Hardware of Yore

Discussion in 'Hardware' started by dstrauss, Feb 7, 2017.

  1. sonichedgehog360

    sonichedgehog360 Editor-in-Chief of TechAndTiny Senior Member

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    Some may disagree and some may agree but this is a very interesting perspective on what has been allegedly the most underhanded monopoly in the PC hardware to date. AMD and Intel's very closely intertwined history may surprise you, especially the number of close calls AMD narrowly escaped after decades of drawn out lawsuits:
     
    Last edited: Aug 4, 2017
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  2. dstrauss

    dstrauss Comic Relief Senior Member

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    This is one of the COOLEST notebooks I ever owned - and was an extremely clever solution for the shrinking keyboards on ultrabooks:

     
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  3. WillAdams

    WillAdams Scribbler - Standard Member

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    yeah, I miss the innovation that one used to get --- now it's much all just more of the same (save for some standouts such as the Lenovo Yoga Book (which if it'd allowed use of the active stylus on-screen I'd've not been able to resist), or the Acer 7 (nifty kickstand design)) --- apparently someone is going to bring the Palm Pilot brand back from the dead.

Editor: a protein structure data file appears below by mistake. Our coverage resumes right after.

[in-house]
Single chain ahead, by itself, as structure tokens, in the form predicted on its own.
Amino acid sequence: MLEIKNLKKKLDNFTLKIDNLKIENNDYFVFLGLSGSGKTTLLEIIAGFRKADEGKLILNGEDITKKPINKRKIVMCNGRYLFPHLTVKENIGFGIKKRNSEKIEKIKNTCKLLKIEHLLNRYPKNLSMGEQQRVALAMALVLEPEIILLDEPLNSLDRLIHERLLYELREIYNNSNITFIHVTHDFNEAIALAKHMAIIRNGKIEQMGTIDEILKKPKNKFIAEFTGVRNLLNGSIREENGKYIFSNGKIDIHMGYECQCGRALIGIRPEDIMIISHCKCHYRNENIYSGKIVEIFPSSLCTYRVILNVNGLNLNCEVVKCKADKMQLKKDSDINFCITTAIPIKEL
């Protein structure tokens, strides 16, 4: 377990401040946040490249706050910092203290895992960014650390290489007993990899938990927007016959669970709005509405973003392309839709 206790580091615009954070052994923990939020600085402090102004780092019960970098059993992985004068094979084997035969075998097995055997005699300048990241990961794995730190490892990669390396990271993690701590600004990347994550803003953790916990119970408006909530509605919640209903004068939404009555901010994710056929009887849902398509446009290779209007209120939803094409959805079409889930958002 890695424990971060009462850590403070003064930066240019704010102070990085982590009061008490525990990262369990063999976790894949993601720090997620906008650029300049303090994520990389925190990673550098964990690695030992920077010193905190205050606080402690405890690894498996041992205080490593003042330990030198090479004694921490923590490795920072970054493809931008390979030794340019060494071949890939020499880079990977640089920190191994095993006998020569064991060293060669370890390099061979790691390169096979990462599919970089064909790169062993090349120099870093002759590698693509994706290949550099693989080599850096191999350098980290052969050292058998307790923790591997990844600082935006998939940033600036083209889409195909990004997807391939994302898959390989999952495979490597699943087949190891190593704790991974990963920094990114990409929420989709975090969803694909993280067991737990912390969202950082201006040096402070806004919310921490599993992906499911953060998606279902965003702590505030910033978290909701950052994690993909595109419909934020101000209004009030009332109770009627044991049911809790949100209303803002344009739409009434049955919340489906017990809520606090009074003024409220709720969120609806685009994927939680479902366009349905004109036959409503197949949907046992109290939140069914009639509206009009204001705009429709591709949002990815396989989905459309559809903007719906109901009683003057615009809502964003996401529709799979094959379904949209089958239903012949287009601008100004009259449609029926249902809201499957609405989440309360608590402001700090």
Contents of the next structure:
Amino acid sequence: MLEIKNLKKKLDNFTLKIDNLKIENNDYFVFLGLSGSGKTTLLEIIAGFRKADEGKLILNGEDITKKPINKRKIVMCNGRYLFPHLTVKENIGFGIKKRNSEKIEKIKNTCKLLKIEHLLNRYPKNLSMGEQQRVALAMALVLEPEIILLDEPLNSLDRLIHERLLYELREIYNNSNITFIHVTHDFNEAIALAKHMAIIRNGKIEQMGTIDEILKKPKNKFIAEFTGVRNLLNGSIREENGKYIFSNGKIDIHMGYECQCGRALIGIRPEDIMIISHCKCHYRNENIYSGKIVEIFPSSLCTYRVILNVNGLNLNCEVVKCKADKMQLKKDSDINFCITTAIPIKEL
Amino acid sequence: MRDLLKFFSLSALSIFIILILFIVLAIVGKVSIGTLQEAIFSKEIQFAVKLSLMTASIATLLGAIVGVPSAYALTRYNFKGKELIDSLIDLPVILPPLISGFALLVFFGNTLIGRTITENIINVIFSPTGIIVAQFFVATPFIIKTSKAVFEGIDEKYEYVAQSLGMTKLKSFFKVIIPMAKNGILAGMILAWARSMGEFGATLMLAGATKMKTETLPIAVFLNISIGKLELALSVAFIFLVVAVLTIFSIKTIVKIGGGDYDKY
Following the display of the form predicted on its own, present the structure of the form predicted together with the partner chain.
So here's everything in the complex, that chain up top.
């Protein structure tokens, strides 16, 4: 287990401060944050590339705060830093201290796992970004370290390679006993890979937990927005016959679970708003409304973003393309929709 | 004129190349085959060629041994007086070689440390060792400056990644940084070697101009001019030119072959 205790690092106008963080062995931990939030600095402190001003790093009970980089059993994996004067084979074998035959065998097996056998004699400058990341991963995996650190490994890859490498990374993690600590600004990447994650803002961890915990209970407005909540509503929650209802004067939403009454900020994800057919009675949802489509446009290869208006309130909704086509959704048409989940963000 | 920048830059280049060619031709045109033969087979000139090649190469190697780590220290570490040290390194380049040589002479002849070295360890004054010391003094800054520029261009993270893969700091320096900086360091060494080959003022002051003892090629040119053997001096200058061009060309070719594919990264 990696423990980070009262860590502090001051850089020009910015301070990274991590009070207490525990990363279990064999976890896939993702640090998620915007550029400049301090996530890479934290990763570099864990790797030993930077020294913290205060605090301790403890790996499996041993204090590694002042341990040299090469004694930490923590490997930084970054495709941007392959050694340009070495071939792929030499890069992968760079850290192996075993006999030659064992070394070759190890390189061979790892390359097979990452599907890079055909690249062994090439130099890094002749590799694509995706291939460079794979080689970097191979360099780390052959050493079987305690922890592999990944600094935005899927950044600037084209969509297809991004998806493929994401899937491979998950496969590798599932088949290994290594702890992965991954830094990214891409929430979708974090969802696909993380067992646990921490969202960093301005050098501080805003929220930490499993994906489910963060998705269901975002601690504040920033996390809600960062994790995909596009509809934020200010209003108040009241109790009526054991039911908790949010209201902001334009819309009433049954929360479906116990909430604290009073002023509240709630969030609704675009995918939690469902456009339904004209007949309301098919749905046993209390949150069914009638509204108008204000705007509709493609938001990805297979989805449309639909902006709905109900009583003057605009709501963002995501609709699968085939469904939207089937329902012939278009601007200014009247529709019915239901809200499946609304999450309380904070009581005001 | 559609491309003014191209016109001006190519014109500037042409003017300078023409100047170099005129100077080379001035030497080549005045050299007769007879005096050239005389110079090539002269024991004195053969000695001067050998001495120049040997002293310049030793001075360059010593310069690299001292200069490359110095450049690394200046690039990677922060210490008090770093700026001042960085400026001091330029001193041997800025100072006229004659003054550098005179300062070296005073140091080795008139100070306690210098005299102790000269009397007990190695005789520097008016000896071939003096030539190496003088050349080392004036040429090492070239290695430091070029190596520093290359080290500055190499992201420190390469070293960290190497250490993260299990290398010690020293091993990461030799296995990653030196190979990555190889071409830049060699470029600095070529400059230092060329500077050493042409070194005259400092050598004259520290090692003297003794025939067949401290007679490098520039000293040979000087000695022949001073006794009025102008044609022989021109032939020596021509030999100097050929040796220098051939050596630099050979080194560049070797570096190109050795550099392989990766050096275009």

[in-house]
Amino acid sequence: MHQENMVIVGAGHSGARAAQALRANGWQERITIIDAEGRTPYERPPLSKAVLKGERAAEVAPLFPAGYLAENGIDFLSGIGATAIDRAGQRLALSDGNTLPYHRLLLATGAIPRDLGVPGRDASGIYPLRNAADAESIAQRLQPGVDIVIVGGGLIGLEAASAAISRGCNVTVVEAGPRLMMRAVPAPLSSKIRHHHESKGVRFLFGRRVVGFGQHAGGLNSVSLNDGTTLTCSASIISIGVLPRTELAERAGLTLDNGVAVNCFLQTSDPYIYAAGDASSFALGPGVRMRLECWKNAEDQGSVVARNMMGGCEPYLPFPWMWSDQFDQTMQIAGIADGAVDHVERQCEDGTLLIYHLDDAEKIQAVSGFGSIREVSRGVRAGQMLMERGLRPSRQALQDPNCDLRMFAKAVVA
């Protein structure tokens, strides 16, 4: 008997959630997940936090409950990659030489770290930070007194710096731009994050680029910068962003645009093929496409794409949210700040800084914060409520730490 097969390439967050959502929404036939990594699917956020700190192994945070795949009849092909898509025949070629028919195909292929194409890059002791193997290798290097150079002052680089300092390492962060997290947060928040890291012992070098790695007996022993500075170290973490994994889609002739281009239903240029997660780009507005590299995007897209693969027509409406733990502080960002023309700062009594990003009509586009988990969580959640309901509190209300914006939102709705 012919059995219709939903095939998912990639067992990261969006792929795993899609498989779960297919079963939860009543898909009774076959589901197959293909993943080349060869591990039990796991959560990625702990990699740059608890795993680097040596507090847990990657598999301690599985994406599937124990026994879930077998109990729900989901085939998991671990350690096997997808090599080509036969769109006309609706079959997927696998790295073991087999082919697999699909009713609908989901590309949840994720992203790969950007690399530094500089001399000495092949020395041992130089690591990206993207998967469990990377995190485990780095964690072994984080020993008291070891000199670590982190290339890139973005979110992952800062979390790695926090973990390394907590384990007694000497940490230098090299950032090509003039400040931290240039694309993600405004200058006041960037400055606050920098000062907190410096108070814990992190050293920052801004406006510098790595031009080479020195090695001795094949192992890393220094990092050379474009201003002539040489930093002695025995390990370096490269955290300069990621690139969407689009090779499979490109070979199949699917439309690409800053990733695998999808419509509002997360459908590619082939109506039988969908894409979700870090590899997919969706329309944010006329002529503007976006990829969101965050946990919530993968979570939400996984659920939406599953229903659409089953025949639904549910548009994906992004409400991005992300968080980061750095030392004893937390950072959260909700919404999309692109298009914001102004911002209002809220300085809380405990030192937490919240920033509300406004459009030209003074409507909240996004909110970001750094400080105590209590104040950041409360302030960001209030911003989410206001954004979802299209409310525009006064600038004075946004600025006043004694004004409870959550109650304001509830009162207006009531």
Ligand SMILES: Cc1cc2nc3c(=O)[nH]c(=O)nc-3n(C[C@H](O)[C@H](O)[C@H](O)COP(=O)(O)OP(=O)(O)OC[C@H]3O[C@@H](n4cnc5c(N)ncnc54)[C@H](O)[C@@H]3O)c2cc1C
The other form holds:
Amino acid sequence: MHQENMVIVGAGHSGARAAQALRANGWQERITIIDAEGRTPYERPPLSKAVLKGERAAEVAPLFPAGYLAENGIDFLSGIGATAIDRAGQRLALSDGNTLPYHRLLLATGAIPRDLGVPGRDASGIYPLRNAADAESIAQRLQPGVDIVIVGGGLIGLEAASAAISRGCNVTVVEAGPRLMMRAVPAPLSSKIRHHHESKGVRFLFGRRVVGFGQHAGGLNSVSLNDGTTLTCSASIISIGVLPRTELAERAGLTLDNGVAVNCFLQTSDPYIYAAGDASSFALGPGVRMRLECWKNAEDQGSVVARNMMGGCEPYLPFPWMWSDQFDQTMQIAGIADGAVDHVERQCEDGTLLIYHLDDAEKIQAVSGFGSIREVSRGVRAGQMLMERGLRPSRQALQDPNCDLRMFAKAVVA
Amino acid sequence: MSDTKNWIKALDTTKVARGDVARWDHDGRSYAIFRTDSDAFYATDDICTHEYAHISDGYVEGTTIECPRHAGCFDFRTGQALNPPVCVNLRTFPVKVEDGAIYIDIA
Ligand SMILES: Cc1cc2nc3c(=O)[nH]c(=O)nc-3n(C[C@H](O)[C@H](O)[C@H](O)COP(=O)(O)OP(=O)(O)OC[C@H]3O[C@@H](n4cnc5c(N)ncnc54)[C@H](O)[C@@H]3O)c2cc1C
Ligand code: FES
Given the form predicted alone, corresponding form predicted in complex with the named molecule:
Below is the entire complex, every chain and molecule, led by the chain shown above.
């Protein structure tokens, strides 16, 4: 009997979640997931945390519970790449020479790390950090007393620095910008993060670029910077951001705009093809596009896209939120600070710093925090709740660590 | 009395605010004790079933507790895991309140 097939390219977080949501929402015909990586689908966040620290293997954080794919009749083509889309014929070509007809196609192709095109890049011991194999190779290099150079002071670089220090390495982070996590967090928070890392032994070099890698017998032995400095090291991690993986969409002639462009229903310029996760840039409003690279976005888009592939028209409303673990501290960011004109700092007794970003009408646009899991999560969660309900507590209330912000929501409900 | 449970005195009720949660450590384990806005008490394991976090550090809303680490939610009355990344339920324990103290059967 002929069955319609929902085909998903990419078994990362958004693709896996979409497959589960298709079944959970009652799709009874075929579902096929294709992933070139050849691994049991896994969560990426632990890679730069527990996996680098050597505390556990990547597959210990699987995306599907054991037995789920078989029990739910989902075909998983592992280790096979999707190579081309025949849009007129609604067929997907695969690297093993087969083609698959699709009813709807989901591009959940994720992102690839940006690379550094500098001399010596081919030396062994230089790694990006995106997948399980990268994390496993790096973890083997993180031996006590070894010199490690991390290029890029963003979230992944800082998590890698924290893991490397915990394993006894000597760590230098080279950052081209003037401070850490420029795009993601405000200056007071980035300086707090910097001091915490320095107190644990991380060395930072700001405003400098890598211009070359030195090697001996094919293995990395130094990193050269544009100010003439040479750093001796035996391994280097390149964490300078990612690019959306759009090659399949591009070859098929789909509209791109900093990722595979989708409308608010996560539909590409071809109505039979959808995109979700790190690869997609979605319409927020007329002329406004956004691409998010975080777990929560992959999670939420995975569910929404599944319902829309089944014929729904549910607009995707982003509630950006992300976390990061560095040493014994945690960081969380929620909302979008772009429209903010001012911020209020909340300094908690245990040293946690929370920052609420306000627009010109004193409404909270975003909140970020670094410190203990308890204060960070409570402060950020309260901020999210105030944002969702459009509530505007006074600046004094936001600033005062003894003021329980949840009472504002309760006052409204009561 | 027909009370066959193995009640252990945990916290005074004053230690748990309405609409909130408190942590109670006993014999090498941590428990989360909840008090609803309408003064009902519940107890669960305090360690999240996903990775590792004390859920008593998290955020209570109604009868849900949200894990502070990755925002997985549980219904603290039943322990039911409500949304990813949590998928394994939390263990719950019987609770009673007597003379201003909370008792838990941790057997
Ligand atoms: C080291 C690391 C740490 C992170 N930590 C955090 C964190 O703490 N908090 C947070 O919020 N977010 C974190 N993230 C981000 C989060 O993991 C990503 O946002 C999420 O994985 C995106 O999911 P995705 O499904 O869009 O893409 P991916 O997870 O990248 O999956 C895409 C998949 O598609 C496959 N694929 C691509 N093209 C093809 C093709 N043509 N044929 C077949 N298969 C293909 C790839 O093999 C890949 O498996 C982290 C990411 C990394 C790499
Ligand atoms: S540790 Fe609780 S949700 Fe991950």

4. dstrauss

    dstrauss Comic Relief Senior Member

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    Incremental improvement is now all the rage, and Apple has been mastering that since the original MacBook Air. But then again, what would real innovation look like anymore?
     
  5. ATIVQ

    ATIVQ V⅁O⅄ Senior Member

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    Acer is innovating with their liquid-cooling system. Lenovo tried (and frankly, failed) to innovate with the Yoga Book. Built-in kickstands, despite not being so great, are an innovation - tablets didn't used to have them. There was a short while manufacturers were trying dual displays.

    The lack of innovation is mainly because the tablet and laptop form factors are just so good. I hope the Surface Book and Porsche Book One form factor becomes the norm soon, powerful tablet with a small battery and a large battery-keyboard-dock seems ideal to me, even if neither the Surface nor the Porsche nailed the design.